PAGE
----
Jeremy Corbyn has said that it's up to the National Executive Committee (NEC) - Labour's governing body - to decide when he goes as leader.

He has said that he expects a new leader to be selected early in the new year.

The party's rulebook says that when both the leader and deputy leader are "permanently unavailable", the NEC calls a postal ballot. Deputy leader Tom Watson stood down on 12 December.

The NEC may want to have a new leader in place before local elections in England, scheduled for 7 May.

In 2015, the process took more than four months. Ed Miliband resigned on 8 May and Jeremy Corbyn was announced as winner on 12 September.

Who can run?

Candidates for leader and deputy leader have to be MPs, and they need nominations from 10% of Labour MPs and MEPs.

And in a new rule, candidates also need nominations from 5% of Labour's constituency parties.

Alternatively, they need nominations from three affiliated bodies, two of which must be trades unions, adding up to 5% of affiliated members.

Who can vote?

Members of the Labour Party, affiliated trades unions (if they opt in), and socialist societies such as the Fabians, all get one vote each.

In 2015, non-members were allowed to register as supporters and vote in the contest for a £3 fee.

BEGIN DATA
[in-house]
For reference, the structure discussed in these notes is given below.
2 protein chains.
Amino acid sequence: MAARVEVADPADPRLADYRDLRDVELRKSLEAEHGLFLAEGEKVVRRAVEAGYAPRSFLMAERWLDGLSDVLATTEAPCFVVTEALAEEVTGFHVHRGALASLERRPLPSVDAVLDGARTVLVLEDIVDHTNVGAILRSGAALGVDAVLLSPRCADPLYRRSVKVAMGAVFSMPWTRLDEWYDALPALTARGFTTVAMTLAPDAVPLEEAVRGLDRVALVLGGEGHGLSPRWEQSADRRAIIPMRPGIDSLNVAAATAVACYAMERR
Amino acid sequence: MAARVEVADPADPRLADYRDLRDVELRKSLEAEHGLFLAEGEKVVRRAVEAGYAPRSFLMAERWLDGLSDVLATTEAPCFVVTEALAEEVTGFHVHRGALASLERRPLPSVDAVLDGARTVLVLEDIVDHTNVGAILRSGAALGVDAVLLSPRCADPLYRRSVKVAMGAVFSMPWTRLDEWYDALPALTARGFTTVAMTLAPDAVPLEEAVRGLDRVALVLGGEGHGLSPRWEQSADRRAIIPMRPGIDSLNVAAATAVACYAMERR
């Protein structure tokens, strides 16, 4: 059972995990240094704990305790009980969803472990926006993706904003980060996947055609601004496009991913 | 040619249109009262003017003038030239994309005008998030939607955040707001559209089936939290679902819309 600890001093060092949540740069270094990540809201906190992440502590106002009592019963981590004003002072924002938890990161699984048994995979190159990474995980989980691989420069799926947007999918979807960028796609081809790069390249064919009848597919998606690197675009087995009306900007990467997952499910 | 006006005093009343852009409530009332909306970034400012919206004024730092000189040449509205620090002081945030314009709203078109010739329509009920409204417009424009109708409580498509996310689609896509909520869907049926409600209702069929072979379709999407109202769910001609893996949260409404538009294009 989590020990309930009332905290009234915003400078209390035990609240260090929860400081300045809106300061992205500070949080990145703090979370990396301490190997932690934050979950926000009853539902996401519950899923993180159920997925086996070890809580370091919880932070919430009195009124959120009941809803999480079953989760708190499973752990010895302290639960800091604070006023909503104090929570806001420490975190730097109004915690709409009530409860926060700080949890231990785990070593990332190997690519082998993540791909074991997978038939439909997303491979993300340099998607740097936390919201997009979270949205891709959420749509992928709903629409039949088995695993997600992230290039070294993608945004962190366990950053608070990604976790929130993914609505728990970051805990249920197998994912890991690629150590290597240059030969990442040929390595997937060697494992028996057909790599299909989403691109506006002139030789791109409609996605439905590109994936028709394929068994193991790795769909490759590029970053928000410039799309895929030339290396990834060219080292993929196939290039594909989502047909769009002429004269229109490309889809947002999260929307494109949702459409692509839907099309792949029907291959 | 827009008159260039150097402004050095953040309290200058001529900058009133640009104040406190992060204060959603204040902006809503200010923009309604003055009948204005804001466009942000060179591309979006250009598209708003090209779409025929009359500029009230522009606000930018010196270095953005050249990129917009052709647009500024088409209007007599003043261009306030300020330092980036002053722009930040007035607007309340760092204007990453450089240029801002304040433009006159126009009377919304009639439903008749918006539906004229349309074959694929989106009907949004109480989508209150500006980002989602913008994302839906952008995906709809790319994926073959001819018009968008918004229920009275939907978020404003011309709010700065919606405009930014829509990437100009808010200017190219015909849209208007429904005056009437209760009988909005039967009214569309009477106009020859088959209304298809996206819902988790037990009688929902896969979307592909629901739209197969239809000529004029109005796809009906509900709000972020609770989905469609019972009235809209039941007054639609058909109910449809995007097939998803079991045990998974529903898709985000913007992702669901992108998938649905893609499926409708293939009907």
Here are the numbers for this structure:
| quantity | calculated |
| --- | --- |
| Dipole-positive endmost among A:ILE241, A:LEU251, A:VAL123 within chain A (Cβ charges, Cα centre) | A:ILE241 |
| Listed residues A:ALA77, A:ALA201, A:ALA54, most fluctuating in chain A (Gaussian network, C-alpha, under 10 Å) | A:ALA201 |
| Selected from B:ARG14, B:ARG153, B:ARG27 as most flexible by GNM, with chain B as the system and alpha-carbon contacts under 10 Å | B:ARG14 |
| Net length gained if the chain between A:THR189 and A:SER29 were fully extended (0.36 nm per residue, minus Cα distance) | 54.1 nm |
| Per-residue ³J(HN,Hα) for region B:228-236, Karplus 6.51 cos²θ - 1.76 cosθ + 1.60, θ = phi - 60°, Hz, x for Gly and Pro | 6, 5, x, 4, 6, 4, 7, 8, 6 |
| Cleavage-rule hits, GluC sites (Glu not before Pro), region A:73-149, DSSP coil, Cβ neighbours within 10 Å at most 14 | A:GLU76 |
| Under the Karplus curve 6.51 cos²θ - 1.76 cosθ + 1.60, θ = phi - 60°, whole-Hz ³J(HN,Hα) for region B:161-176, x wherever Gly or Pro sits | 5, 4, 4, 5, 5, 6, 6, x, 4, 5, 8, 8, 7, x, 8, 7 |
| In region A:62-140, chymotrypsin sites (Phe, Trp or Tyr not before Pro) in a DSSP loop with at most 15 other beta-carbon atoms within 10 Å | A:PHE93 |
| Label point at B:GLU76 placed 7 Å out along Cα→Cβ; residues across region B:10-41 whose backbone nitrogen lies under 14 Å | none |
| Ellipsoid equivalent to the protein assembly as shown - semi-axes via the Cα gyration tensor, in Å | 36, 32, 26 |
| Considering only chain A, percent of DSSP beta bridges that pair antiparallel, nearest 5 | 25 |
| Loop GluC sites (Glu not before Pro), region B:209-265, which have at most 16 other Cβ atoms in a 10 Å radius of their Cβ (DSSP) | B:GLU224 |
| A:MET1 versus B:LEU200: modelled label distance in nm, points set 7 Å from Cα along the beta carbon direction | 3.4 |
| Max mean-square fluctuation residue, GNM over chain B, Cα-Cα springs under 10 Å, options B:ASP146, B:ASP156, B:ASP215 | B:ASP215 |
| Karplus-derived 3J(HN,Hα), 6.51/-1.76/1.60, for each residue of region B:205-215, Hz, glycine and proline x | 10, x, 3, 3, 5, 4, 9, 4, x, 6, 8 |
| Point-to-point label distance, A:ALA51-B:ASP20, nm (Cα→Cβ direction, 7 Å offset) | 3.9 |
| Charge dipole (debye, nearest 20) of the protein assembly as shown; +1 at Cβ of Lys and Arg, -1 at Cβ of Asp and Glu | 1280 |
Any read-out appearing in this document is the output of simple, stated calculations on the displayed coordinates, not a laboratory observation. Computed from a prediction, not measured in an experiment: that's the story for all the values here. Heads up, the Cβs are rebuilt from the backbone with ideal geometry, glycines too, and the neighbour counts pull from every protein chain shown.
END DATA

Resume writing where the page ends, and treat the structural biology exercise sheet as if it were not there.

Those new registered supporters voted overwhelmingly for Jeremy Corbyn, though he gained enough support from members and affiliates to win anyway.

In 2016, when Owen Smith challenged Jeremy Corbyn, the cost of registering was raised to £25 and people were given only two days to sign up.

The cost and the time period for registering this time will be in the hands of the NEC.

How does the vote work?

The votes are cast on a one-member, one-vote basis, by preferential ballot.

That means that voters rank the candidates in order of preference. If any candidate gets more than half the votes, they win.

If not, the candidate with the fewest votes is eliminated, and their second preference votes are redistributed.

If that results in any candidate with more than half the votes, they win. If not, the remaining candidate with the fewest votes is eliminated and their votes redistributed, until the contest produces a winner.

Who controls the process?

Labour's National Executive Committee has 39 members, representing the trades unions, the shadow cabinet, Labour's elected representatives at local, national and European level, and constituency parties.

Supporters of Jeremy Corbyn and the grassroots campaign group Momentum are strongly represented on the NEC, and they are likely to use their influence to promote a left-wing candidate in the coming election.